‘High-rise buildings needed to accommodate population’

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HIGH-rise buildings are the answer to accommodating Jersey’s increasing population – which needs to grow – and, if built in the right areas, they will ‘not even be noticed’, a backbencher has said.

Picture: JON GUEGAN. (25416025)

Former Environment Minister Steve Luce said he believed population growth, which is often lamented by residents, was necessary, as the size of the workforce was vital to supporting Jersey’s economy and public finances, especially as the number of elderly residents continued to increase.

The Deputy, who is now a backbencher, carries out a lot of work on economic issues and said immigrant workers were vital for many of the Island’s businesses.

‘My view has always been that the population needs to allow enough people to come so that we have the minimum amount to keep the economy working,’ he said.

‘I don’t know what that number is but I know it will fluctuate, and the moment we get to a point where we really don’t have enough people providing social-security payments, income tax, GST and so on things will go downhill.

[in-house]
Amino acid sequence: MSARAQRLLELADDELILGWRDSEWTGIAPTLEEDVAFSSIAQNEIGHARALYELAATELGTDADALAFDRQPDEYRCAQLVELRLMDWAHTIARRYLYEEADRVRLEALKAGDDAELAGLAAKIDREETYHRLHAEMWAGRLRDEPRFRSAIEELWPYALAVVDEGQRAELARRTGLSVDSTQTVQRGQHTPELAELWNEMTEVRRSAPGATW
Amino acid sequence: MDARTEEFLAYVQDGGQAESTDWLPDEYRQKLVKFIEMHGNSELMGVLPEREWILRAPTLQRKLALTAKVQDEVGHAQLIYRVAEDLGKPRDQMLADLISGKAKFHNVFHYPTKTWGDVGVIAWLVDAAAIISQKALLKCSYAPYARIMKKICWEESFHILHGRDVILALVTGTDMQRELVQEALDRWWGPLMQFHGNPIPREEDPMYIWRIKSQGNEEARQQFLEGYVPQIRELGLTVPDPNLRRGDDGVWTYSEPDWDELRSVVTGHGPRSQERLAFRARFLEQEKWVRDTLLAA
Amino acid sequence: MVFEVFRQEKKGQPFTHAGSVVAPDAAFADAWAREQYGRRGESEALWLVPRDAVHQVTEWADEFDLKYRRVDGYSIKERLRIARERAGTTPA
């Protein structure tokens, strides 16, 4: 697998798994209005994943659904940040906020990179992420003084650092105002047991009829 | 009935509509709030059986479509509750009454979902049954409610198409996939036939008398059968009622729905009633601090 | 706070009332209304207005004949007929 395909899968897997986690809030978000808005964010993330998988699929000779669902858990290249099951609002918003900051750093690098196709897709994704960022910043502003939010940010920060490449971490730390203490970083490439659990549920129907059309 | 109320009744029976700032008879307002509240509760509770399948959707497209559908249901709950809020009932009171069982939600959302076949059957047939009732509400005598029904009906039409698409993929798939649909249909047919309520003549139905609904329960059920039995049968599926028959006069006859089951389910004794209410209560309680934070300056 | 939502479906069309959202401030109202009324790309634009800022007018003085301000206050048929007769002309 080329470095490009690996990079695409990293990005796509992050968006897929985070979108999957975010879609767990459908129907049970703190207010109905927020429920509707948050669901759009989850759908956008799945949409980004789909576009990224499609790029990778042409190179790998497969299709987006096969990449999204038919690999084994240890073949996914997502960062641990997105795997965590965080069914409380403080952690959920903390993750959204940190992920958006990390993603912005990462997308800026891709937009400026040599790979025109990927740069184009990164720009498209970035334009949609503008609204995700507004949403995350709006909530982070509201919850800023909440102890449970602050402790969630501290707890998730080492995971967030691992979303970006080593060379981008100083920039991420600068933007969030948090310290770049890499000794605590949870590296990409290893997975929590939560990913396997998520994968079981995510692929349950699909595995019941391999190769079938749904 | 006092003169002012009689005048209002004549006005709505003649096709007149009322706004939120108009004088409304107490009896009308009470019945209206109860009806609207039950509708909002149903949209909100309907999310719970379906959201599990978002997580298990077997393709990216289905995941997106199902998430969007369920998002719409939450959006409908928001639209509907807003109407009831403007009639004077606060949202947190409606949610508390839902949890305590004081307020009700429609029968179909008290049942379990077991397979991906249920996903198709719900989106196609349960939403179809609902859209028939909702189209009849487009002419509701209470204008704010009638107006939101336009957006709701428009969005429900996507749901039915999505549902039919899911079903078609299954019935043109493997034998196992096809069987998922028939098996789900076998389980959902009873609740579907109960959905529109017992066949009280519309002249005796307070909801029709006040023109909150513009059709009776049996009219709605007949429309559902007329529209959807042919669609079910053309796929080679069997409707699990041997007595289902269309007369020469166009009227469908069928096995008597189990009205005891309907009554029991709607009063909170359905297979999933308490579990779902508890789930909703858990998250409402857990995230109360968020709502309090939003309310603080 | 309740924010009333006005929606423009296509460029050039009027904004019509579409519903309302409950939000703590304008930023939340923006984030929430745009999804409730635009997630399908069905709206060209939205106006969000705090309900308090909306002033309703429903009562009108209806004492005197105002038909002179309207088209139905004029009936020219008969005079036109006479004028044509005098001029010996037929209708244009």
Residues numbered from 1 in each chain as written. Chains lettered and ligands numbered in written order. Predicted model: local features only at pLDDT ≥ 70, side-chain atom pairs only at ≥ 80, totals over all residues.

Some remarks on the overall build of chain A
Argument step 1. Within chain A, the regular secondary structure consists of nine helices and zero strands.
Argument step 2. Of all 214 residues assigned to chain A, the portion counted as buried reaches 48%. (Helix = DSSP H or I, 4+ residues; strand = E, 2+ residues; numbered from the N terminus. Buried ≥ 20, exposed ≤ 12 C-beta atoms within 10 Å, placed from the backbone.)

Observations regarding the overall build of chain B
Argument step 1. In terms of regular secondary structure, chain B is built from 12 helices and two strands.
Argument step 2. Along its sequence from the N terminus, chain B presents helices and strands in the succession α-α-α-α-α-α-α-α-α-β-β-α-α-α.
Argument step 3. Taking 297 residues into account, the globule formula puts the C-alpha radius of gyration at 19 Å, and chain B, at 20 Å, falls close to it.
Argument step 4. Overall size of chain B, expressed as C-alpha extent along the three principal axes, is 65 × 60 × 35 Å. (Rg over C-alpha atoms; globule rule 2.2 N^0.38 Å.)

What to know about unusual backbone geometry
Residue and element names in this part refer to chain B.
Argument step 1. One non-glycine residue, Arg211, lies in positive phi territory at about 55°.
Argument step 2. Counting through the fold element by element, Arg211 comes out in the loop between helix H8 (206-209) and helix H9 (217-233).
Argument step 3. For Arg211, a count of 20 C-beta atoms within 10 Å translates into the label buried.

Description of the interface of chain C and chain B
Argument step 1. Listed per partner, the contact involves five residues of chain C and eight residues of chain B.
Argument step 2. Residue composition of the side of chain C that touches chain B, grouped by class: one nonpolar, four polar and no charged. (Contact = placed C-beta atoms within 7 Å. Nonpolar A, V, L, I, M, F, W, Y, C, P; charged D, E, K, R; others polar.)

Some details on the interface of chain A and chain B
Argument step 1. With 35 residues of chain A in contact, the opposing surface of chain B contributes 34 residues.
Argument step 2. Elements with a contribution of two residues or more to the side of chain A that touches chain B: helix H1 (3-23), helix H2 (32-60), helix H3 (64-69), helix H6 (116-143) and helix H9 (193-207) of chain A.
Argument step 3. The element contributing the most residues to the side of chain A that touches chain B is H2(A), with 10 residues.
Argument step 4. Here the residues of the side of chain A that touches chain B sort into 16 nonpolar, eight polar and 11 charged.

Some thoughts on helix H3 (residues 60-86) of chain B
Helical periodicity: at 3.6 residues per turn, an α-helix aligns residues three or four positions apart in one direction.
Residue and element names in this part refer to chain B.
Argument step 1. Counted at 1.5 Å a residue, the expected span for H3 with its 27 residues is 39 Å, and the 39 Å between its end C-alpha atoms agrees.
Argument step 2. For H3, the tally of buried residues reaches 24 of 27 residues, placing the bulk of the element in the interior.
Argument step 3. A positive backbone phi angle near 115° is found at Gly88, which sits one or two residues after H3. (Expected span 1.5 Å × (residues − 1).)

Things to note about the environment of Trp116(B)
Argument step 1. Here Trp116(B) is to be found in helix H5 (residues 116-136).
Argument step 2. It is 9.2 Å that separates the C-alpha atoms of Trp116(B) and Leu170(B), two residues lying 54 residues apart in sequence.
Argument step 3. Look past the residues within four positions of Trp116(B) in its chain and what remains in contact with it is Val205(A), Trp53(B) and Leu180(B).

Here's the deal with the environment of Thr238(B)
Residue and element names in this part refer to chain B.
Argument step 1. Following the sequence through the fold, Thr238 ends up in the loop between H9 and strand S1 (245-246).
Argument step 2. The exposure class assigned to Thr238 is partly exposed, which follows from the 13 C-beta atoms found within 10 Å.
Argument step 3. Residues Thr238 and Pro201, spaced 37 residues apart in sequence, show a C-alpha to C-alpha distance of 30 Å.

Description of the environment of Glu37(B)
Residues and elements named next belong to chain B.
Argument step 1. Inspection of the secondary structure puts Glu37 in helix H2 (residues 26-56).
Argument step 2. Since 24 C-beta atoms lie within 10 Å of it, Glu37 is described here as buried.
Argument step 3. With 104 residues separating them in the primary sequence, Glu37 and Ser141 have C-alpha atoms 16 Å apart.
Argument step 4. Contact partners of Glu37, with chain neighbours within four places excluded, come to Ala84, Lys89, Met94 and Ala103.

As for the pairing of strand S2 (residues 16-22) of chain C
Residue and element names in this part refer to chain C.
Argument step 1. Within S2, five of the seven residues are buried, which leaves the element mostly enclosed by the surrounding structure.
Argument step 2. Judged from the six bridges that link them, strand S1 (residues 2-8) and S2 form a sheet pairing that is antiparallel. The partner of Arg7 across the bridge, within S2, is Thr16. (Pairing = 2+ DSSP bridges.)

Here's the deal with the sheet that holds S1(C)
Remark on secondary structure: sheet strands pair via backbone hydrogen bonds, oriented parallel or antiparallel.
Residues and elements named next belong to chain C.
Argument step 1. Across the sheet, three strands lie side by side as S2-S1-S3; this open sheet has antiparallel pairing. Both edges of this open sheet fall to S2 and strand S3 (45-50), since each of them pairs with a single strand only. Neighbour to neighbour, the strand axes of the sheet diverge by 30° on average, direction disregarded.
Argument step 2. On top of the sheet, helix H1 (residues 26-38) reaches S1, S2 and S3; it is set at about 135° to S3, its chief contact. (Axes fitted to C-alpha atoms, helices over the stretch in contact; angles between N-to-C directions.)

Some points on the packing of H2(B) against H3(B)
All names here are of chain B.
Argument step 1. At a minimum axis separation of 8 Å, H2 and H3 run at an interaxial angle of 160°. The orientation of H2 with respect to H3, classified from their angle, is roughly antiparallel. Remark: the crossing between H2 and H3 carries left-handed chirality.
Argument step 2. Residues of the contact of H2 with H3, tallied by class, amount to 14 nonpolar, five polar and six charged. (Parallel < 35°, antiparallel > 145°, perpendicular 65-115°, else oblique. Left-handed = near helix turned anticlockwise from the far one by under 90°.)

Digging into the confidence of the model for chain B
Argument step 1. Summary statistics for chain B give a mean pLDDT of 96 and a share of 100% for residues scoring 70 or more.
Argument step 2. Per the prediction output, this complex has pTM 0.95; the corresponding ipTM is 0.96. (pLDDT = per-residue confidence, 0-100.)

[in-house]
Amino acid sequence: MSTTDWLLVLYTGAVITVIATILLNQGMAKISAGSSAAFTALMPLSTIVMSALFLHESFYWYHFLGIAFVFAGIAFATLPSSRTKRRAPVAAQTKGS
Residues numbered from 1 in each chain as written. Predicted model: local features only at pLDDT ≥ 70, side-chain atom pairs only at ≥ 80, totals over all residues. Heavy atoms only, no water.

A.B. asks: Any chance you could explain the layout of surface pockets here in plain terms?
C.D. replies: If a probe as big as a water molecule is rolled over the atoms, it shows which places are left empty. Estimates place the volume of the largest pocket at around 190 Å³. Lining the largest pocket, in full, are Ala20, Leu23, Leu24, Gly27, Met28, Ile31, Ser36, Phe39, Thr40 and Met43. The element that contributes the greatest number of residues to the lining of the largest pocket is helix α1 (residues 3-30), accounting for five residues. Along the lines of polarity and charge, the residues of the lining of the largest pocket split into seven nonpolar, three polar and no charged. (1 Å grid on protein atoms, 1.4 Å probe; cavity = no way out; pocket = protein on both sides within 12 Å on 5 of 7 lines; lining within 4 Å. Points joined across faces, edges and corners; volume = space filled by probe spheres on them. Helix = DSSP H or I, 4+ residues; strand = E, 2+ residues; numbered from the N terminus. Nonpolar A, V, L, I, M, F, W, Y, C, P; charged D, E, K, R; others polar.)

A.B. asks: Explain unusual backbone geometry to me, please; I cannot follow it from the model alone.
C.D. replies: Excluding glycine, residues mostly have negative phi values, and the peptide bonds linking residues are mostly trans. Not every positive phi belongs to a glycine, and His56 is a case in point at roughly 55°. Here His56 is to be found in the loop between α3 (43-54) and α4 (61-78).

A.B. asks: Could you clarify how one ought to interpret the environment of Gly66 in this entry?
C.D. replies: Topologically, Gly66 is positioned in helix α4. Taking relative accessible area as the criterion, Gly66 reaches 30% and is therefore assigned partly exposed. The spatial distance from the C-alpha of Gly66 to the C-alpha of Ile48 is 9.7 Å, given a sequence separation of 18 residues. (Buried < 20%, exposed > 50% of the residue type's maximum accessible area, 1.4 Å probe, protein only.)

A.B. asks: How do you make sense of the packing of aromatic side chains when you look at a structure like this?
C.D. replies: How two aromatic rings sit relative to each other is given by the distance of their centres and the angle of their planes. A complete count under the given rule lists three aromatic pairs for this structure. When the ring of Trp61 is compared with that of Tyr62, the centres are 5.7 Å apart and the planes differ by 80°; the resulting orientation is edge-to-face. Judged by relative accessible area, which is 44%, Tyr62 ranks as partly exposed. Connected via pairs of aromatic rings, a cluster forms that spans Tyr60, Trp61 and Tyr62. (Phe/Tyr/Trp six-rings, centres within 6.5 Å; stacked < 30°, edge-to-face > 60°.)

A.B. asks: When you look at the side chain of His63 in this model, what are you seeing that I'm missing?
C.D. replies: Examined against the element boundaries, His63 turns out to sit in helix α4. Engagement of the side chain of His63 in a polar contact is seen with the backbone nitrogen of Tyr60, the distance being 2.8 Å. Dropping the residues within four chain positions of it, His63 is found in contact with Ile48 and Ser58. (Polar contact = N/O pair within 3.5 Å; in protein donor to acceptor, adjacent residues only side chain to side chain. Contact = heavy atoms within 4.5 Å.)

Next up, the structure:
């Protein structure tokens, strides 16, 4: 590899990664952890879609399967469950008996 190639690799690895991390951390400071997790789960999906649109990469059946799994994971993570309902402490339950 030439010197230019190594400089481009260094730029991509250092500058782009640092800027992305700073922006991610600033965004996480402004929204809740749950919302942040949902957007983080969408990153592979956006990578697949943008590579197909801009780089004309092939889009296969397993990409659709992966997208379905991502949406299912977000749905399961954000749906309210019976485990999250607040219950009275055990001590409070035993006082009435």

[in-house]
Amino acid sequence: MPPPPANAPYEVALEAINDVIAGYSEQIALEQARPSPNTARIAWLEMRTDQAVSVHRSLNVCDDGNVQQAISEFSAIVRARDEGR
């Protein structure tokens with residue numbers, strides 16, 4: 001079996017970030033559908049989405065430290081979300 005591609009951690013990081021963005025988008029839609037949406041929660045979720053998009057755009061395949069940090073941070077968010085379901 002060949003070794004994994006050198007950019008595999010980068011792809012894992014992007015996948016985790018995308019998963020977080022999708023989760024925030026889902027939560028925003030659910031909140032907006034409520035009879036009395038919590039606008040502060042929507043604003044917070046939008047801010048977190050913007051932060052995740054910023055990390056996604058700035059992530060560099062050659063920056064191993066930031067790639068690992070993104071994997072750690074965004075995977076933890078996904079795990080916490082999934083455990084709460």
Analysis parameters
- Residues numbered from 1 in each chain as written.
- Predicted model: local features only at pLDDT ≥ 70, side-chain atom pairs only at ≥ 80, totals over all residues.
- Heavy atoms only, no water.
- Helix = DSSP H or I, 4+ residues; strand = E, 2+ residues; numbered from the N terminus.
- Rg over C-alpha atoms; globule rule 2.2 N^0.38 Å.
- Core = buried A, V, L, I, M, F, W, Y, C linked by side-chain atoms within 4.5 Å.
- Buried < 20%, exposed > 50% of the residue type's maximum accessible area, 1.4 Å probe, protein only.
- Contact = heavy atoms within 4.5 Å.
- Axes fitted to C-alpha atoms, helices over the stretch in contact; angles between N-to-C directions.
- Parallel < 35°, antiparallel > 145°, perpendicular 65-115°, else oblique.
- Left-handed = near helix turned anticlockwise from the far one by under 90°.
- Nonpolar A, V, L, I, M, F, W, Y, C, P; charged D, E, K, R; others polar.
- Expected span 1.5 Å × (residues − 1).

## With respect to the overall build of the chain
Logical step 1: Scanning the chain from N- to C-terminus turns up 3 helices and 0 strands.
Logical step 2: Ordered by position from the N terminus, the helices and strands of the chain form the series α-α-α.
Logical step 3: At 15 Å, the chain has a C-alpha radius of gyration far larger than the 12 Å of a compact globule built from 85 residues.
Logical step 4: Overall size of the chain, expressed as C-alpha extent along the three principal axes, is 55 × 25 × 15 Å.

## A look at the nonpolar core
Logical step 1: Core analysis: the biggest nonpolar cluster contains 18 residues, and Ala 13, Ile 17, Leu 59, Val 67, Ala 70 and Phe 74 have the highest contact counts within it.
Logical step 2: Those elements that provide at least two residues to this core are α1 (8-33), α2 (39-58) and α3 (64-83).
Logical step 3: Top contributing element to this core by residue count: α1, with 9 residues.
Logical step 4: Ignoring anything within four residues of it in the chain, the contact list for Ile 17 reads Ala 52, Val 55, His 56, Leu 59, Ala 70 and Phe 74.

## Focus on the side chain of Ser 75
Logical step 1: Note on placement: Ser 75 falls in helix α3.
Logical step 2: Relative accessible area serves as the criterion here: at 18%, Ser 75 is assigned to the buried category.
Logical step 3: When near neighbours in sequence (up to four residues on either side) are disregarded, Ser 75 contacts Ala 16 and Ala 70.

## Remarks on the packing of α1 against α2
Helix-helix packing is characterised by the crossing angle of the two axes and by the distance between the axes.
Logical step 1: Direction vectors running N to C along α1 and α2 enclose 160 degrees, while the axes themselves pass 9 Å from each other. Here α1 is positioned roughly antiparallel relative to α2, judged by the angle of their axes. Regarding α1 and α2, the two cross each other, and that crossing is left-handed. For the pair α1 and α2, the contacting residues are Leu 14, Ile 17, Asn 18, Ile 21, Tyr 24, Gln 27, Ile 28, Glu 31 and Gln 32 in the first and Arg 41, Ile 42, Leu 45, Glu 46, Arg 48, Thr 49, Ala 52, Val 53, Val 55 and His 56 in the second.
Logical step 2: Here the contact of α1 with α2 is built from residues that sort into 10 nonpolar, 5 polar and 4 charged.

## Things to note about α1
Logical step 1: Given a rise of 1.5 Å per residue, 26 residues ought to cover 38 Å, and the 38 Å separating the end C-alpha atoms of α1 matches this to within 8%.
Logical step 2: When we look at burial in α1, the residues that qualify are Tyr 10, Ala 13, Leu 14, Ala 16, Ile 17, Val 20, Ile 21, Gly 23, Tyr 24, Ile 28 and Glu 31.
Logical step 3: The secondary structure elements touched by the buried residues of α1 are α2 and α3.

‘There is no easy option for population policy. Every option is challenging and what we need is the least bad option. Population is a real issue for lots and lots of reasons but my view has always been that we need to grow the workforce.

‘We need expertise and we need people to do jobs that we haven’t got people in Jersey to do. We need to continue with agriculture and hospitality and we know those areas in particular have challenges with staff.’

He added that he would be in favour of a time-limited work-permit system to help provide staff for the agricultural industry.

Deputy Luce said that to accommodate more people, he thought Jersey should focus on building upwards, in particular in St Helier.


He added that, if built in the right areas, high-rise buildings would not be that conspicuous, and cited Dandara’s Westmount development as an example.

‘It’s interesting that even Prince Charles, who has been a massive advocate of environmental issues, is saying that the mansion-house-type development, which you see around London, is the best way for people to live in the future,’ he said.

‘Building upwards is the answer. People say to me that they don’t want high buildings but we have them already and you don’t see them. If you look at the new buildings at Westmount, that’s a classic example.

‘You can’t notice them – they are tucked away. So you can do it. It just needs clarity in our planning to do this. There are sites all over the place where people could do this, particularly in St Helier.’

He added that he believed the capital should accommodate most of the additional population so that residents were close to amenities and the workplace, avoiding adding to the traffic problems.

Ian Heath

By Ian Heath


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